Shaking his head slowly, Jack got the room number and went to the elevator. At the sixth floor, he got off again. Jack was not usually the kind of man who worried too much about his appearance, and even less about what other people thought of him. Yeah, he had cleaned up for the old guy some, but he would have done the same for anybody. Now, though, that he knew who the guy was, he also knew he wasn't up to snuff. The suit was clean, in good shape, but even brand-new it wouldn't have fooled anyone into thinking it had any designer's name on the label—unless the designer was named JCPenney. Jack decided he'd keep his coat on. It was slightly more impressive looking. Nowhere near up to Phelps-style snuff, but it had cost a few bucks. It was a black trench coat, long enough to cover up most of the cheap suit.

Glancing at the numbers on the doors, Jack spotted the one marked 621, and tapped on it. The old man's voice called, "Come in," so he opened the door, stepped through, and got hit right between the eyes with the blinding light of an angel.

She was sitting in a chair beside Harry's bed, holding his hand in both of hers. And hers were long and strong and elegant, her nails short and neat. Jack's gaze slid up her arm to her shoulder, which was bared by the sleeveless dress she was wearing. It was pale blue, that dress, simply cut but elegant somehow. It came down to the middle of her thighs and from there on there was nothing but leg. She had long, long legs, and they ended in shoes that had pointy little toes and dainty little heels.

Jack swallowed hard, sliding his focus up her body again, knowing better, but somehow unable to do anything different. Her waist was small and her chest was small, too. Jack usually went for buxom babes with cleavage to spare—most of whom would come only up to this woman's shoulders—but there was something about her….

She wore pearls…tiny, perfects pearls around her long, slender neck. Her auburn hair was tugged back into a smooth knot. Her skin…it was like cream. Her cheekbones made her seem born of royalty. And finally Jack looked at her eyes, and thought a goddess must have given birth to her. Big, almond-shaped eyes, sizzling electric-blue, gazed back at him, and they were damn near as busy as his own, looking him over.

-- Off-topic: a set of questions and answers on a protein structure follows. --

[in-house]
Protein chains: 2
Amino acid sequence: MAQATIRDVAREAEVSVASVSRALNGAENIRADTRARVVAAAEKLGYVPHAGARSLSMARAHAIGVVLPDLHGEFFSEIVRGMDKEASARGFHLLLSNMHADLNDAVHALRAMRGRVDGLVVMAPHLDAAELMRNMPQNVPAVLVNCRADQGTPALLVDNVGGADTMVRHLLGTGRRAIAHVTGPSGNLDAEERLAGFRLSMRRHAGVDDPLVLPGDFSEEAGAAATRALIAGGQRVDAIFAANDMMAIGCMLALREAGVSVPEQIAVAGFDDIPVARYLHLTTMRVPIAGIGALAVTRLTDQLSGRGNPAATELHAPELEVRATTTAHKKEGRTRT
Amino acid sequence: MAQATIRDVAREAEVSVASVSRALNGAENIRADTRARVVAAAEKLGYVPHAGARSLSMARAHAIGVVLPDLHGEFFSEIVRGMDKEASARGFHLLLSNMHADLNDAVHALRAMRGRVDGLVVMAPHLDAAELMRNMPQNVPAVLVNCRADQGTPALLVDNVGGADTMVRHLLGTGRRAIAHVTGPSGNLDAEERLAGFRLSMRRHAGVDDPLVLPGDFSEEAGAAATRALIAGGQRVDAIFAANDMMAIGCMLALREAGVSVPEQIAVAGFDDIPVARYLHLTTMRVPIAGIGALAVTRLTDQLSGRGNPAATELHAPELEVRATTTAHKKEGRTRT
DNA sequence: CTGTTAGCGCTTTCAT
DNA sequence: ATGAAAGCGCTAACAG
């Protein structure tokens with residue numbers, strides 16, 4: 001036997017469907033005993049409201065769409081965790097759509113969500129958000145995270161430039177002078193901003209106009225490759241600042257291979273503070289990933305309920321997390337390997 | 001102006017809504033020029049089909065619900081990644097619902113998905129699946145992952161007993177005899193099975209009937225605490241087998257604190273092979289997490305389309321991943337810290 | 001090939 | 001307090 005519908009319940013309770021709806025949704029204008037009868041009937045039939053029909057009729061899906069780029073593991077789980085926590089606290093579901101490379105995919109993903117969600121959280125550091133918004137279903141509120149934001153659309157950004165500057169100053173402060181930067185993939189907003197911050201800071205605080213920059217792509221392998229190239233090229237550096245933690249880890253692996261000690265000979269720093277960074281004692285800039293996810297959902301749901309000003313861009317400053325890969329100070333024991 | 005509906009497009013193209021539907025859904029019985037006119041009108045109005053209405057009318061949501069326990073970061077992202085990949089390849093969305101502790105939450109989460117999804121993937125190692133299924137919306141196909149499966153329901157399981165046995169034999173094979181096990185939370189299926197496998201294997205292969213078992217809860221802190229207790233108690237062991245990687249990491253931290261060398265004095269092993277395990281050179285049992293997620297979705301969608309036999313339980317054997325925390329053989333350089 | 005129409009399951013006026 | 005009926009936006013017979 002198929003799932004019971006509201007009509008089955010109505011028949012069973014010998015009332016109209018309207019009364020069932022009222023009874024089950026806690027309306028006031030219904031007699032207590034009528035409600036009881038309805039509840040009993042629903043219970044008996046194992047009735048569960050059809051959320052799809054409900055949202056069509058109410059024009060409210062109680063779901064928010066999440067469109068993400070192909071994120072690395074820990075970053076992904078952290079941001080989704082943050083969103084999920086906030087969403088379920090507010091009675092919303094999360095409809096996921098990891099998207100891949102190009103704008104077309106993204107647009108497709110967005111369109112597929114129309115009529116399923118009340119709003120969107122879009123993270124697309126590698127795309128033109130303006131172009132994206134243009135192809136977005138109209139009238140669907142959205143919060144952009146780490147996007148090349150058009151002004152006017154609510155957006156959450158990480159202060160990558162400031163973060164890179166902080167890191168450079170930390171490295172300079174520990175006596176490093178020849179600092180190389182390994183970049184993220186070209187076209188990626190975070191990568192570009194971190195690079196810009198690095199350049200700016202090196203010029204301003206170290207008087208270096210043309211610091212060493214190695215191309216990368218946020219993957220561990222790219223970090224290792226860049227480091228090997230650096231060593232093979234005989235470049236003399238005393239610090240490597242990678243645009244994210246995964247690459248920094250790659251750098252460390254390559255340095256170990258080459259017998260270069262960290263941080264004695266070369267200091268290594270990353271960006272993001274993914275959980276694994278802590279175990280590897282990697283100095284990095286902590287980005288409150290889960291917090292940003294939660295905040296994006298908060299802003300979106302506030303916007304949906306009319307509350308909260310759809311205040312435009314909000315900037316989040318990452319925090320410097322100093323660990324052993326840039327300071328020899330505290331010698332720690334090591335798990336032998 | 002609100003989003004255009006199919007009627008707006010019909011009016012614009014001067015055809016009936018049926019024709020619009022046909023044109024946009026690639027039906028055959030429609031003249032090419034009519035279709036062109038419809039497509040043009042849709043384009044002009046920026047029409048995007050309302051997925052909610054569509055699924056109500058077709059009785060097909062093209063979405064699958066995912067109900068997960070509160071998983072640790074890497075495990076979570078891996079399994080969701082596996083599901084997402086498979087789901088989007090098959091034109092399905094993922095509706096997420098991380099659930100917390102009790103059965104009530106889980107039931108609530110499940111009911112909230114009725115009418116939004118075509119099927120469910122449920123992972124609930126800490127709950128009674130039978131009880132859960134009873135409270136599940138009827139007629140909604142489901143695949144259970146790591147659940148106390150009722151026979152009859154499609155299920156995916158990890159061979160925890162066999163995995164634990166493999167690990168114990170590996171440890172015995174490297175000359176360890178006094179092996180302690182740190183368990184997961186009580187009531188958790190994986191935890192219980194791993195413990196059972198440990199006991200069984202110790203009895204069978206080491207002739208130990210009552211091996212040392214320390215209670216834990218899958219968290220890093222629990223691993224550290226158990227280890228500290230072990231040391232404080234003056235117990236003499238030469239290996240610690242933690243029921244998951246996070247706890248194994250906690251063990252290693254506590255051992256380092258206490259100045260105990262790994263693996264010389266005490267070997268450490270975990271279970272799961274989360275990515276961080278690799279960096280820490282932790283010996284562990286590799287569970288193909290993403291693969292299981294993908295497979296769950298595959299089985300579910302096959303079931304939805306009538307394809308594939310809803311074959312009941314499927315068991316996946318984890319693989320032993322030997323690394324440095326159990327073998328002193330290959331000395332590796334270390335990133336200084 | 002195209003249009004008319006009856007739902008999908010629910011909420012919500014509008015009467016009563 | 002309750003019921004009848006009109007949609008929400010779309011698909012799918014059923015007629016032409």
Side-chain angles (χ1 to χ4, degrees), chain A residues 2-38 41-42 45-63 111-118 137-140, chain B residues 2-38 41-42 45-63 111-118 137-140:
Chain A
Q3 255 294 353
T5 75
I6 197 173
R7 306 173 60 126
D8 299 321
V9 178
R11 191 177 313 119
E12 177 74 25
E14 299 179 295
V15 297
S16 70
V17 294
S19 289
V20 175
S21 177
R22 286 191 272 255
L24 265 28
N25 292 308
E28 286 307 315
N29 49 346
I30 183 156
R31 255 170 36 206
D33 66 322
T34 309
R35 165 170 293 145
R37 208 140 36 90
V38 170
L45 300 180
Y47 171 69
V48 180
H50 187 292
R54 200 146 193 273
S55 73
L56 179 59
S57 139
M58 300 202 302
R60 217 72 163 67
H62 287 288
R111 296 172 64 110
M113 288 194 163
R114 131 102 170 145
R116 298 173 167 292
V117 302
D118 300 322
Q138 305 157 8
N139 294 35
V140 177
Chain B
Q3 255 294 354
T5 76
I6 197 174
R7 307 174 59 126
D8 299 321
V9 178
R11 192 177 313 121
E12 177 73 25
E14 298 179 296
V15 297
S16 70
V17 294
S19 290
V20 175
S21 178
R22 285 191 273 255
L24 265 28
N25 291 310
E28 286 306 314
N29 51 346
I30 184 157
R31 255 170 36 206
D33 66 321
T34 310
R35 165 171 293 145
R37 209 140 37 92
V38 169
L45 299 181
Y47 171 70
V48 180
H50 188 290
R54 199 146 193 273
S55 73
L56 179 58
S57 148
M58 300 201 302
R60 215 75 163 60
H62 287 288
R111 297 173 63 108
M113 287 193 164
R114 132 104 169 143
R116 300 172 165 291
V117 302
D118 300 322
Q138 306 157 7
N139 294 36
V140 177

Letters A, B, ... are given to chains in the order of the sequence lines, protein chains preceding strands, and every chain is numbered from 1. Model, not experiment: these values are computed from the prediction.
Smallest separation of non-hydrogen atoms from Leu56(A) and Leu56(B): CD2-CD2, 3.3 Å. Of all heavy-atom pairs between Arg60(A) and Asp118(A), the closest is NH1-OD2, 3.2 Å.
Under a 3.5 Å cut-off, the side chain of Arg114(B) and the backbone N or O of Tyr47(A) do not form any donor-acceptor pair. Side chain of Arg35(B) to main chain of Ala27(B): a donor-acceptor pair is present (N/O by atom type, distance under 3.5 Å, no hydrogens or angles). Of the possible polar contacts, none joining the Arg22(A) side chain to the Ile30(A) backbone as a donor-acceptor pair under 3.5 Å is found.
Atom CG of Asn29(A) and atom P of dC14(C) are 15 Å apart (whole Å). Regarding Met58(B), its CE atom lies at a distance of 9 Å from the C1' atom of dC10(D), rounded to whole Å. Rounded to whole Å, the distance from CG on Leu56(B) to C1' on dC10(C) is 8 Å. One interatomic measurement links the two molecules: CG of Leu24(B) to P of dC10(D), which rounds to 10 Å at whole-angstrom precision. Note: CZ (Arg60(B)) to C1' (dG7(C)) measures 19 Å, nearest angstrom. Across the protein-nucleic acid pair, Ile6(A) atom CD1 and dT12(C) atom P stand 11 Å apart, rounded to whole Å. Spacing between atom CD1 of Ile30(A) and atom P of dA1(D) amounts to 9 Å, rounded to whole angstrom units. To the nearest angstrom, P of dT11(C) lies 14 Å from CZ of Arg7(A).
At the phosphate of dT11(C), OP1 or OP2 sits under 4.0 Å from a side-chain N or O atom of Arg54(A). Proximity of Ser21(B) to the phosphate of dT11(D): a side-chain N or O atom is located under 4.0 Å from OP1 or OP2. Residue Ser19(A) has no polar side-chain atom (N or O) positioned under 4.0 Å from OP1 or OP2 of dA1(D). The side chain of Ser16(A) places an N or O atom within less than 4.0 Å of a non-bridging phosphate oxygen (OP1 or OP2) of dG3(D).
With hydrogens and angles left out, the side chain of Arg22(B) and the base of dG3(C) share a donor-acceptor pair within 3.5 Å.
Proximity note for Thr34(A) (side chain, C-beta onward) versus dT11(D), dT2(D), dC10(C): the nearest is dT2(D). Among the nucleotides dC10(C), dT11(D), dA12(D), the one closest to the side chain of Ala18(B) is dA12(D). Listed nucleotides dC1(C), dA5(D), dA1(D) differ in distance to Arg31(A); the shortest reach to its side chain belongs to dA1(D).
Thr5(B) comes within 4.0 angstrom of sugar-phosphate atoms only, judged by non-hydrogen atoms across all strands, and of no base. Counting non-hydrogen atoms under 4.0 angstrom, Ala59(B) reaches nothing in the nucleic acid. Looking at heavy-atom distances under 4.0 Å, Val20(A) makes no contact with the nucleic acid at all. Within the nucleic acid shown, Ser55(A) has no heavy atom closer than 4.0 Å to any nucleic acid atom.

"About time you got here," Harry was saying. "This is him, Gracie. This is Jack McCain."

The girl blinked, and the next thing Jack knew she was out of her chair and in his arms. Tall, long and lean, she wrapped her arms around Jack's neck and hugged him close to her. "Thank you," she said softly. "Thank you for saving my father's life."

Jack blinked, pretty much bowled over at this point and trying real hard to keep in mind that this was a lady, a real lady, and not the type of girl he usually warmed his nights with. She was class personified. She was grace…they had certainly named her right. His hands were on her back, but not too hard, and he didn't dare move them. He felt as if he were holding something too clean to touch.

She smelled good. Like sunshine and wildflowers.

A throat cleared very slightly. Grace gently backed away, her blue eyes wet as she smiled up at him. Jack got the sense of other people in the room. It hadn't been Harry's throat-clearing just then. But for the life of him, he couldn't look away from the woman whose hands still rested slightly on his shoulders.

"I'm sorry," she said. "But when I think how close we came to losing him…"

"It wasn't that big a deal."

"Nonsense!" Harry boomed. "This young man saved my life. The killers had weapons!"

"They were muggers, Harry, and all they had was a pocketknife—"

"You should have seen him, Mitsy," Harry went on. "Onlookers actually applauded!"

Jack felt his brows pull together and for the first time he got that little niggling feeling at the back of his neck that told him something wasn't quite right. Gently, his hands resting at Grace's waist, he moved her to one side. "Harry, what are you—"

"I can't tell you how grateful we are, young man," a woman said. Jack looked her way, met her eyes and saw an

older, shorter version of Grace. She had to be the girl's mother.

"I was only doing my job, ma'am," he said.